four days of this whirlwind press tour. If you look closely at the photo below,
you can see those two in among the crowd posing in front of Duck One during one
of the stops on this trip.


Copyright Disney Enterprises,
Inc. All rights reserved

And each stop along the way, this 80 year-old did what he
could to help promote Donald's 50th birthday. Be it doing a radio
interview with NPR and/or making an appearance at a New York City movie theater
which was – at that time – screening a retrospective of the Duck's 150 shorts
and 5 feature-length films.

Now you have to understand that "Ducky" had officially
retired from Walt Disney Productions back in 1971 and was only doing Donald
Duck's voice part-time at this point. But given that Nash felt that he owed his
career to the Company, when Disney officials asked him to take part in high
profile publicity stunts during the late Spring / early Summer of 1984, this
octogenarian immediately said "Yes."


Please note the Mann's Chinese employees who are pressing the
feet of this Donald Duck character costume into the cement. Photo
by Con Keyes of the Los Angeles
Times. Copyright Tribune
Newspapers. All rights reserved

Take – for example – the photo above. Which shows Ducky and
Donald at Mann's Chinese Theater on May 21, 1984. Which is when Donald Duck
became the 150th performer to have his feet immortalized in cement in
the forecourt at this Hollywood movie palace.

Given that Nash had
spent so many decades working in the shadows at Disney Studios, it was kind of
a thrill for all of his friends at the Company to see Clarence suddenly getting
all of this recognition. Sitting on the couch next to Johnny Carson on NBC's "The
Tonight Show." Getting a plaque from President Reagan during a special ceremony
in the White House's East Room in recognition of all those years "Ducky"
visited kids in hospitals and then entertained them with his Donald Duck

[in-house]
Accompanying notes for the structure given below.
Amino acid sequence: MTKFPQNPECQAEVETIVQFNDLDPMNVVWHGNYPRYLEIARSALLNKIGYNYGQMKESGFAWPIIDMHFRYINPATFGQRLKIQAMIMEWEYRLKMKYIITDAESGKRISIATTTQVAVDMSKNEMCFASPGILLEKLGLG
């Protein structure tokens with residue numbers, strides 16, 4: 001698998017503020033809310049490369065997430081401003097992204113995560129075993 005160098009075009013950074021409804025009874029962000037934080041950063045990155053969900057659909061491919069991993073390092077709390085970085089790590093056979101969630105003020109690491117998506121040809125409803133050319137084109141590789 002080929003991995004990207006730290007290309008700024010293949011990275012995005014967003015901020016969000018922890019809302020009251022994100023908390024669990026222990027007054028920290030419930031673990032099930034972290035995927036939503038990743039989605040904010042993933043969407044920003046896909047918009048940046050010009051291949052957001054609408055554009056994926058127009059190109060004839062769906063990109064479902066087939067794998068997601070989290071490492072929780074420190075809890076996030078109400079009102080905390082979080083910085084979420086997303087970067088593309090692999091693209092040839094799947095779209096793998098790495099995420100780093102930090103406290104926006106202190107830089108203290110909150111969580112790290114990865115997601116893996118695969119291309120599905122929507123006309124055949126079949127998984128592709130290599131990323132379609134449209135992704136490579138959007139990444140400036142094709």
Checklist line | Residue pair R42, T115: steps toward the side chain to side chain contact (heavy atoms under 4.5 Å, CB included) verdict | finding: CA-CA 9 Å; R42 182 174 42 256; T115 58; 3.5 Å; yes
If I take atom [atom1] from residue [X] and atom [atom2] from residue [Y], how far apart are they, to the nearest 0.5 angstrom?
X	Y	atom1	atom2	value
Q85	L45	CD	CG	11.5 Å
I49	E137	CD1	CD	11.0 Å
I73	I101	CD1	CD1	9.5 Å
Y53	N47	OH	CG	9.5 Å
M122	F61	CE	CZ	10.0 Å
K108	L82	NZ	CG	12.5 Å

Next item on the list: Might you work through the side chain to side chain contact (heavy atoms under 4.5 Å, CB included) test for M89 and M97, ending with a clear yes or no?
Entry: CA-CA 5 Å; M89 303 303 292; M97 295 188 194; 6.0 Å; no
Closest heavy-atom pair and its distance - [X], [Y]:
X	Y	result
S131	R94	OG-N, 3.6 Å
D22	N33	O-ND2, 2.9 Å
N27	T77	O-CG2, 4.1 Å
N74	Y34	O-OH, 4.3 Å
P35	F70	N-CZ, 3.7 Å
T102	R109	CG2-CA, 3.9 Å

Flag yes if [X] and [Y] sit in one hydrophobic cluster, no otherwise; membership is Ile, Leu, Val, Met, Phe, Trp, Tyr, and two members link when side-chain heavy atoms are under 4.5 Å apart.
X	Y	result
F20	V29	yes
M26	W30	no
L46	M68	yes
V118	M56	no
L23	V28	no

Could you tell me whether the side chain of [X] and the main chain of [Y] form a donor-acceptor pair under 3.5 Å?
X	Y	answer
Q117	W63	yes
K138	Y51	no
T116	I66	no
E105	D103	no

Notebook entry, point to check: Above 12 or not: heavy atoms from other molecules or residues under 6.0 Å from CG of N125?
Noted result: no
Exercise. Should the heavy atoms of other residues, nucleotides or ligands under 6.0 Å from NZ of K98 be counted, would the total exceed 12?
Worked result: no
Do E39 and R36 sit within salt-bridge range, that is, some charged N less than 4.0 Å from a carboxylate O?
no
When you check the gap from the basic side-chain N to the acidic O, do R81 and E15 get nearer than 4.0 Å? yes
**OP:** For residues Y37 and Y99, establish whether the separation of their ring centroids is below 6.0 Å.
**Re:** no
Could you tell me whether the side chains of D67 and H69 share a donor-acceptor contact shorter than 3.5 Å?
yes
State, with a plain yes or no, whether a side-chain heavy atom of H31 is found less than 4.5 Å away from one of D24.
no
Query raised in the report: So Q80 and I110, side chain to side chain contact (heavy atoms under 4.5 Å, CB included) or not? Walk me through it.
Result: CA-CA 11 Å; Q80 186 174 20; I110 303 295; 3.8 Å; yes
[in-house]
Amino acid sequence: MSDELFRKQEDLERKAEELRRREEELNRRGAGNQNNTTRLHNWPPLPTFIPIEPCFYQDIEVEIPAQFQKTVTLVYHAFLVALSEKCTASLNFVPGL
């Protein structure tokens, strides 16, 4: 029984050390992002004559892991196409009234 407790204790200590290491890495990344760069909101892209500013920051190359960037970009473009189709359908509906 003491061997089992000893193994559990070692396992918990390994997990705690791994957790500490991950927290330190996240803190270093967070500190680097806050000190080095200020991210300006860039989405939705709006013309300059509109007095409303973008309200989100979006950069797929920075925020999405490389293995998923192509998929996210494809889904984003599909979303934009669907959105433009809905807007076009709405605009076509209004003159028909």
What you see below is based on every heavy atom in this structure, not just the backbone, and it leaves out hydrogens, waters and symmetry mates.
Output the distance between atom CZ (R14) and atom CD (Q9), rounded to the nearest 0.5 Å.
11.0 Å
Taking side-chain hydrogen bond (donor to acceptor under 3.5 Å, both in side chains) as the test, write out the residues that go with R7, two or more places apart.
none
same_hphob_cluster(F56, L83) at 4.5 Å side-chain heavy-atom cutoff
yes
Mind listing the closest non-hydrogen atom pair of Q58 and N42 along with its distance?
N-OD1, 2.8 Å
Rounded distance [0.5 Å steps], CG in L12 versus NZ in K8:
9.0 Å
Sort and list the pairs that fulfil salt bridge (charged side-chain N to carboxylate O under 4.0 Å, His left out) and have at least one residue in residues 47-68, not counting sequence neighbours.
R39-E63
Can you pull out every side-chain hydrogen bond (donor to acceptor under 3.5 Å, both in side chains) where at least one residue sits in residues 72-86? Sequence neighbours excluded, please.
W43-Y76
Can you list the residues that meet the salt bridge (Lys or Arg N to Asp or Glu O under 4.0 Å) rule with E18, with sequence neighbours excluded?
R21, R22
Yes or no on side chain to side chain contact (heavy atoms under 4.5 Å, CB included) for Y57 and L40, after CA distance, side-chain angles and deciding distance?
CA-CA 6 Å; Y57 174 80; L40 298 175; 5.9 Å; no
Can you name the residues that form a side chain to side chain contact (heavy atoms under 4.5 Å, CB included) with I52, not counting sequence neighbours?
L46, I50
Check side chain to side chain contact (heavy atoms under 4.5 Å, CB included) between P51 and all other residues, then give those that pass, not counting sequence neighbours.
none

puppet.


Copyright Disney Enterprises,
Inc. All rights reserved

Mind you, what people didn't know during the late Spring /
early Summer of 1984 was that Clarence "Ducky" Nash was already sick with
leukemia. But because he didn't want to put a damper of Donald Duck's 50th
birthday celebration, Nash always put on a brave face and showed up for every
event Disney asked him to do. Be it the ceremony in June 9th when
Los Angeles Mayor Tom Bradley – in honor of the 50th anniversary of
Donald's first on-screen appearance (in the 1934 Silly Symphony, "The Wise
Little Hen
") declared it to be Donald Duck Day in LA. Which was then followed
by Clarence taking part in a ticker tape parade through Disneyland.

Or – better yet – Nash's trip back to his old home town of
Watonga, Oklahoma. Where – on December 7, 1984 – Governor George Nigh declared
that date to be Clarence Nash Day in all of Oklahoma. What's more, Watonga
renamed a street Clarence Nash Boulevard in Ducky's honor.


Clarence "Ducky" Nash (1904 –
1985)

As it turns out, Nash's trip back home to Oklahoma was basically
his last public appearance. Though Clarence has been selected to be the Grand
Marshall of the 1985 Tournament of Roses parade, when January 1st finally
rolled around, Ducky was just too ill to take part in those proceedings. As he dealt
with the end stages of his leukemia, Nash was in & out of St. Joseph's
Medical Center
in Burbank multiple times over the next few weeks before finally
succumbing on February 20, 1985.

But even then, Clarence was still trying to do right by The
Walt Disney Company. In the weeks and months that led up his demise, "Ducky"
identified an ambitious young animator – one Tony Anselmo – who seemed to have
what it takes when it came to voicing Donald Duck. And in the limited time
that he had left, Nash shared with Anselmo his many secrets when it came to the
proper way to perform this irascible character.


Tony Anselmo with (L to R) Diane
Disney Miller and Clarence Nash's
daughter & granddaughter during Anselmo's
January 2011
appearance at the Walt Disney Family Museum. Copyright
The Walt
Disney Family Museum. All rights reserved

And given that Tony's done a stellar job of safeguarding
Donald over the past quarter century (not to mention always going out of his way
to acknowledge Clarence "Ducky" Nash as the originator of this Disney character's
voice), I think it's safe to say the Duck is in good hands.